To score the answers with regard to attitudes towards gene doping, we used a five-point Likert scale, where respondents could choose between ‘completely disagree, rather disagree, no opinion, rather agree and completely agree’. We transformed the answers to a threepoint scale for statistical analysis. Because we measured the answers to the questionnaires on an ordinal scale, non-parametric statistics were used. We used SAS Enterprise Guide 4 for the statistical analysis. We performed a frequency analysis and the data were tested using a bilateral Wilcoxon-Mann-Whitney U test at a significance level of 0.05 to check for differences. The original questionnaire was in Dutch. The questions were translated for publication purposes (Table 1).

  Disagree No Opinion Agree
I am in favour of a complete ban on doping for athletes 5% 0% 95%
I had already heard of gene doping before receiving this questionnaire 23% 0% 77%
I believe gene doping is already in use amongst elite athletes 21% 29% 50%
Gene doping is a health risk for athletes 17% 35% 48%
Given good coaching, gene doping can be medically sound for elite athletes 60% 16% 24%
Doing top sport in itself entails more risks than medically assisted use of gene doping 53% 25% 22%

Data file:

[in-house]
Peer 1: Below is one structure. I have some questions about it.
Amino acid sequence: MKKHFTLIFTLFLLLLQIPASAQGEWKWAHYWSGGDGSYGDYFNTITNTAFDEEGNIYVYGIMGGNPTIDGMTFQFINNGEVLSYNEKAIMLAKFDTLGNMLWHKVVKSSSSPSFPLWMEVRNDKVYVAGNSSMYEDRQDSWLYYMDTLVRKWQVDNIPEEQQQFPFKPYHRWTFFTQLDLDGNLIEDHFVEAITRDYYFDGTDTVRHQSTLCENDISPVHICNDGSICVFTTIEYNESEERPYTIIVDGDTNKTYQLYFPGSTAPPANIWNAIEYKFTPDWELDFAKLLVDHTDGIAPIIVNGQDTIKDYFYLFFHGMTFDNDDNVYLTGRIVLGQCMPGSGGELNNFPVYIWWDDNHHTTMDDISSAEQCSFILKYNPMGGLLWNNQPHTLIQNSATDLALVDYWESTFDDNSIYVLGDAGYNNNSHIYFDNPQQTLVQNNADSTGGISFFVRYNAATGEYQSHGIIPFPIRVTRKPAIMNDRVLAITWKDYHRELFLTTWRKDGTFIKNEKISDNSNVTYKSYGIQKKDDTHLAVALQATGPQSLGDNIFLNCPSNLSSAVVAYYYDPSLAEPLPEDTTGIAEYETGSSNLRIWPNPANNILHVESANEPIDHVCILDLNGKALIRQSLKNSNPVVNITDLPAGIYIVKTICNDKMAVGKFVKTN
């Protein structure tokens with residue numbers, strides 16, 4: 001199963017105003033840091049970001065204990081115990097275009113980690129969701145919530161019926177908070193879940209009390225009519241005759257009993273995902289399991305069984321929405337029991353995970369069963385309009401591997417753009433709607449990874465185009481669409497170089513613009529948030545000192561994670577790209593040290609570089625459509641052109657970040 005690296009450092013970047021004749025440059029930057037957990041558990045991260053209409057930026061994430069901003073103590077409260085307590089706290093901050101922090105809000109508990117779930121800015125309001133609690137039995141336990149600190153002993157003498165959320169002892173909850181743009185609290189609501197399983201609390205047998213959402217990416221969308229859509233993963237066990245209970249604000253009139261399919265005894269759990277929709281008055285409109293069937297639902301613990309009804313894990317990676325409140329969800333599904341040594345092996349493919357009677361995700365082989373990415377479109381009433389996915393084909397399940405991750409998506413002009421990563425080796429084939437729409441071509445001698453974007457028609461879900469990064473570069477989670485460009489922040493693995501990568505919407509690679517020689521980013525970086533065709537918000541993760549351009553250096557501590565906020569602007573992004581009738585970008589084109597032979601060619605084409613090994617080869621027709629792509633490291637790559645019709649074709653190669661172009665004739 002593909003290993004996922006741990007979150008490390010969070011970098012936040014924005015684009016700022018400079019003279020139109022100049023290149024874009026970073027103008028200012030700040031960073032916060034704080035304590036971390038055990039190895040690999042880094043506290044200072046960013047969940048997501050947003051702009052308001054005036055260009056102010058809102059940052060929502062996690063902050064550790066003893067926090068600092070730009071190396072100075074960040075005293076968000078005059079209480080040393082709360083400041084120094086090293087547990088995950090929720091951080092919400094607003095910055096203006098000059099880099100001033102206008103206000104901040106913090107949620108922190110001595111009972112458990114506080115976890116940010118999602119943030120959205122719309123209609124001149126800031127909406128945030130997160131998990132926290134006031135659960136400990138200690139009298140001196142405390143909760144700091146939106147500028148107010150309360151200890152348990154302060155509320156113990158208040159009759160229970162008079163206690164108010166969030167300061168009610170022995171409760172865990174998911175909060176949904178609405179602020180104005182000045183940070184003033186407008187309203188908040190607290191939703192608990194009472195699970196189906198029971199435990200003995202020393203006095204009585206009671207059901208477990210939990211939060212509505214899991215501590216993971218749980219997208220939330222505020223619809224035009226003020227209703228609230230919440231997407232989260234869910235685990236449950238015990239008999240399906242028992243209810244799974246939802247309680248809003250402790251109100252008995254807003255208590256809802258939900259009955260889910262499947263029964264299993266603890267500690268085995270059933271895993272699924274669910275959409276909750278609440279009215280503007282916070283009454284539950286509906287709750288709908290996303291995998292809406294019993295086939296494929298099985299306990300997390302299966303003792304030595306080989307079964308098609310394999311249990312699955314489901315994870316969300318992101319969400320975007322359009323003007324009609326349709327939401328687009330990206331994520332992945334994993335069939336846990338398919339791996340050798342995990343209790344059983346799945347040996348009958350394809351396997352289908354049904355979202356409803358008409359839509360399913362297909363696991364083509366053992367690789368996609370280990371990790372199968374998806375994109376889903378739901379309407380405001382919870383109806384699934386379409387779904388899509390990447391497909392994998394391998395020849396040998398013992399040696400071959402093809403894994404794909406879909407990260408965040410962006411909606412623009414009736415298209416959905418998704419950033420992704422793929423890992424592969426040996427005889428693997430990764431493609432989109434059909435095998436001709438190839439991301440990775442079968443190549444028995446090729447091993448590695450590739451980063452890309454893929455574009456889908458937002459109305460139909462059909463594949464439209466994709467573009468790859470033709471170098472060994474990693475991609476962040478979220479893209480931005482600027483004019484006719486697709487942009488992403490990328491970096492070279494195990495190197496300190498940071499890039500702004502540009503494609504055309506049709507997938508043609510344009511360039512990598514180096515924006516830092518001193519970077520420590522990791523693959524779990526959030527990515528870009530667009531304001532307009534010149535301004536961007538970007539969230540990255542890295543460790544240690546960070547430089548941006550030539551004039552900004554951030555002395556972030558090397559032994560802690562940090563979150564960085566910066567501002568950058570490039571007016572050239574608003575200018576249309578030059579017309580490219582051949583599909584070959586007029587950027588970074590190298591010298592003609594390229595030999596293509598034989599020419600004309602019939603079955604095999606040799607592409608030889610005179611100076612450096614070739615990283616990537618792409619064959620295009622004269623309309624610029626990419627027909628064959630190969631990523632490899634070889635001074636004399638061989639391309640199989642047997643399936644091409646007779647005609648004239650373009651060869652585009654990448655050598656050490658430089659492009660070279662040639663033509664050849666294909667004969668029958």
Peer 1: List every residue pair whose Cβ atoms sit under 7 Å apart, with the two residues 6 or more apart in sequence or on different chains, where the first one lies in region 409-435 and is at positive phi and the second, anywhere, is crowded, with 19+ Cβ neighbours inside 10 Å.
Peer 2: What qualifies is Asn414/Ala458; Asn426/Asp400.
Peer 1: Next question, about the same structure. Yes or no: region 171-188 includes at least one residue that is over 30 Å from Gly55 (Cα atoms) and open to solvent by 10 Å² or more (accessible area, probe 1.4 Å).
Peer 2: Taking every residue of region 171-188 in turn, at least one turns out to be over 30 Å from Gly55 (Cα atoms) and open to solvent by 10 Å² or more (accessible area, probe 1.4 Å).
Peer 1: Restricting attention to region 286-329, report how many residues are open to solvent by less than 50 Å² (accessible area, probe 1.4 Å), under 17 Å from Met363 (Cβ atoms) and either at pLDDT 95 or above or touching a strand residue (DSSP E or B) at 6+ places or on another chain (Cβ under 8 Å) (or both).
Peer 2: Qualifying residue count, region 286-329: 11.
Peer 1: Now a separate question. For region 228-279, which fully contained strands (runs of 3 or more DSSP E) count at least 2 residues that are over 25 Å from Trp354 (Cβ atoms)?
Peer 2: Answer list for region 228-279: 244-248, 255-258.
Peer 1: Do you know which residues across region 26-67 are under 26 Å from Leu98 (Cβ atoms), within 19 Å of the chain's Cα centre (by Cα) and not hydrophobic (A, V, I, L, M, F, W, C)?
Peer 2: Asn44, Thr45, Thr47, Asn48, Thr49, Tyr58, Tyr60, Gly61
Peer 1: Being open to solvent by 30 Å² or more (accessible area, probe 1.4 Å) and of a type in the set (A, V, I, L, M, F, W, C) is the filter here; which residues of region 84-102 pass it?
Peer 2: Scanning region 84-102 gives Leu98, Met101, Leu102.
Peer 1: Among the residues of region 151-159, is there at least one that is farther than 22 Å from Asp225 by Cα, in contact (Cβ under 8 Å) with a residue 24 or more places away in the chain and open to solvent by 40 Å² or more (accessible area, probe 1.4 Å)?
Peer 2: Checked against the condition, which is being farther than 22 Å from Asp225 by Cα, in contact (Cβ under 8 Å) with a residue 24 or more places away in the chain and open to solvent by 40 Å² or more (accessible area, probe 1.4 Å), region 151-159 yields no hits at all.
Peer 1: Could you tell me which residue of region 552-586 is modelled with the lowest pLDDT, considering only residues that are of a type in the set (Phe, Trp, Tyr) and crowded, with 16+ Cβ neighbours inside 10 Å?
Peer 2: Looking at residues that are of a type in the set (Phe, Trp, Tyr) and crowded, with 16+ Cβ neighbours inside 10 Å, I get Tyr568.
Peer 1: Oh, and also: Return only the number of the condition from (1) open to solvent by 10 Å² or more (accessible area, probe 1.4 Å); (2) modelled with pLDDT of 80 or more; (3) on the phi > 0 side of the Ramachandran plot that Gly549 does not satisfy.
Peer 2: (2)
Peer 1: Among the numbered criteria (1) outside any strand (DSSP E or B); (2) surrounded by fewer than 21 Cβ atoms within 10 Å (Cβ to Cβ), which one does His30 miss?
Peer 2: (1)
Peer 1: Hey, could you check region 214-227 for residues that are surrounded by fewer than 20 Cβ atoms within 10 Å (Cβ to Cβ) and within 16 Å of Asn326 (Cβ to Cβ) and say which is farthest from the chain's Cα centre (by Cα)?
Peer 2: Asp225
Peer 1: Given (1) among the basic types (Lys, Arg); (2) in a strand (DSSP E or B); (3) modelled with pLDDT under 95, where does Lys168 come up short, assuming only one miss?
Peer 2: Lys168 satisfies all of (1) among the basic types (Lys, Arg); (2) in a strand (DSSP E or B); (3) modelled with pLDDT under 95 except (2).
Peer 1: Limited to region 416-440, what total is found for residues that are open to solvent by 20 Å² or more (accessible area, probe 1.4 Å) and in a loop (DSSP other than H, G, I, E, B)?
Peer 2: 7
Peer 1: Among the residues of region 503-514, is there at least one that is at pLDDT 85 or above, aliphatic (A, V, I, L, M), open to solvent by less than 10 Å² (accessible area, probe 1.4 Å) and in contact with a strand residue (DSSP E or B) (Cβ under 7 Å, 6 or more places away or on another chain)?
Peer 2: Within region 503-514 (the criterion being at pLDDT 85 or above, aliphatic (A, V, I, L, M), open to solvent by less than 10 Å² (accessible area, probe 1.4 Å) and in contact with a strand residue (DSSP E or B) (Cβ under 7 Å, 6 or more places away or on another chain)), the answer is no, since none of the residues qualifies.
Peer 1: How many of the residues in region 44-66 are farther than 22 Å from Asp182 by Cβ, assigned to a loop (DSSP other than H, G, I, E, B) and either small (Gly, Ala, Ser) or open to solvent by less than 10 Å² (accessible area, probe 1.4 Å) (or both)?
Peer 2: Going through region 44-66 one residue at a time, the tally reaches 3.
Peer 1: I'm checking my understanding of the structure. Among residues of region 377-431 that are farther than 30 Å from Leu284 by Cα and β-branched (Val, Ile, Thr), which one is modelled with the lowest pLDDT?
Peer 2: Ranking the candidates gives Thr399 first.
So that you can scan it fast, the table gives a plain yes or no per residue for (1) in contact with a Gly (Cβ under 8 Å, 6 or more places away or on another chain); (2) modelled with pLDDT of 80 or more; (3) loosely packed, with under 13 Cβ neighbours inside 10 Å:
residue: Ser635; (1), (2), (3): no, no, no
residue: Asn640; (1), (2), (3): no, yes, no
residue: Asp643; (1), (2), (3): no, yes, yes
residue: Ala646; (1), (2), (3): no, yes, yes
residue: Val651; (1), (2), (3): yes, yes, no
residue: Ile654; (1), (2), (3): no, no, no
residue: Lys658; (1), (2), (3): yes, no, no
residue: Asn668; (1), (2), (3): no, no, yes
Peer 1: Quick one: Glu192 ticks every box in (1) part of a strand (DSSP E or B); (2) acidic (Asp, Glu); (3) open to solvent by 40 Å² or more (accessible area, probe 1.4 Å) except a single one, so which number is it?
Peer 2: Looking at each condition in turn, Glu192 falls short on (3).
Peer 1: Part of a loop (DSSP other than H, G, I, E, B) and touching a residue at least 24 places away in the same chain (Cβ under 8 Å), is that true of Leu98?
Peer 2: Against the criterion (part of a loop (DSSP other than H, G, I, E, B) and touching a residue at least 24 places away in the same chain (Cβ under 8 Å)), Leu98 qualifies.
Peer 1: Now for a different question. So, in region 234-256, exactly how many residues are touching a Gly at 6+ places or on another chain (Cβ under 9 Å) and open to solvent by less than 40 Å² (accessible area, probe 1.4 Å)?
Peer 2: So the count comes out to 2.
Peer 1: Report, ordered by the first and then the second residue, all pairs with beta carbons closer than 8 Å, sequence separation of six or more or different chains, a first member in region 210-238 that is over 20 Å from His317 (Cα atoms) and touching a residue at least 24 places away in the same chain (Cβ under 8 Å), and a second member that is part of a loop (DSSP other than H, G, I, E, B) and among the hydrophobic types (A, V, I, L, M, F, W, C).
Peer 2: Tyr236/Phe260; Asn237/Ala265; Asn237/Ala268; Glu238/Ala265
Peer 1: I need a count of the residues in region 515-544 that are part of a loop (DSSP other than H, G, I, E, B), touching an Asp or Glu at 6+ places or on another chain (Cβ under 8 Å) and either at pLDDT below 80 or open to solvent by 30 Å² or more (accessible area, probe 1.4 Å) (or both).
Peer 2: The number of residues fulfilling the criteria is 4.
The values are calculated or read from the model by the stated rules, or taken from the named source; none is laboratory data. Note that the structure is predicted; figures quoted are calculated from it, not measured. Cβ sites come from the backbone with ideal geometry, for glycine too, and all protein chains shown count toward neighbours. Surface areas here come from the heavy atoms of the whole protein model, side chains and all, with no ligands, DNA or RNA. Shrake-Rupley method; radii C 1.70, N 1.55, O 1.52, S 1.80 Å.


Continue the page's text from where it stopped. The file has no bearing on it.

Pressure from the environment is an important reason why elite athletes would use gene doping 25% 4% 71%
Career opportunities are an important reason for elite athletes to use gene doping 11% 3% 87%
Elite athletes are role models for other athletes with regard to the use of gene doping 17% 7% 76%
The use of gene doping amongst elite athletes inspires young people to transgress rules of society 36% 12% 52%
Genetic research as part of a dope test is an extreme breach of the privacy of an elite athlete 83% 4% 13%
The selection of young children based on their genetic disposition for sporting achievement can be defended in the policy of top sport 58% 10% 32%
The use of gene doping reduces the sportive merit of an elite athlete 6% 5% 89%
The genetic manipulation of unborn children for sporting achievements can be defended 95% 3% 2%
Gene doping is a threat to fair play in sports 3% 4% 93%
Because of individual differences it is fair to allow gene doping amongst elite athletes 96% 1% 3%
Because of differences in training facilities it is fair to allow gene doping amongst elite athletes 99% 0% 1%
Gene doping will radically change the character of top sport 12% 13% 75%
By using gene doping elite athletes suggest that money and fame are more important than effort and dedication 18% 11% 71%
Top sport is about the ‘altius, citius, fortius’ principle (higher, faster, stronger) and gene doping is part of that 84% 8% 8%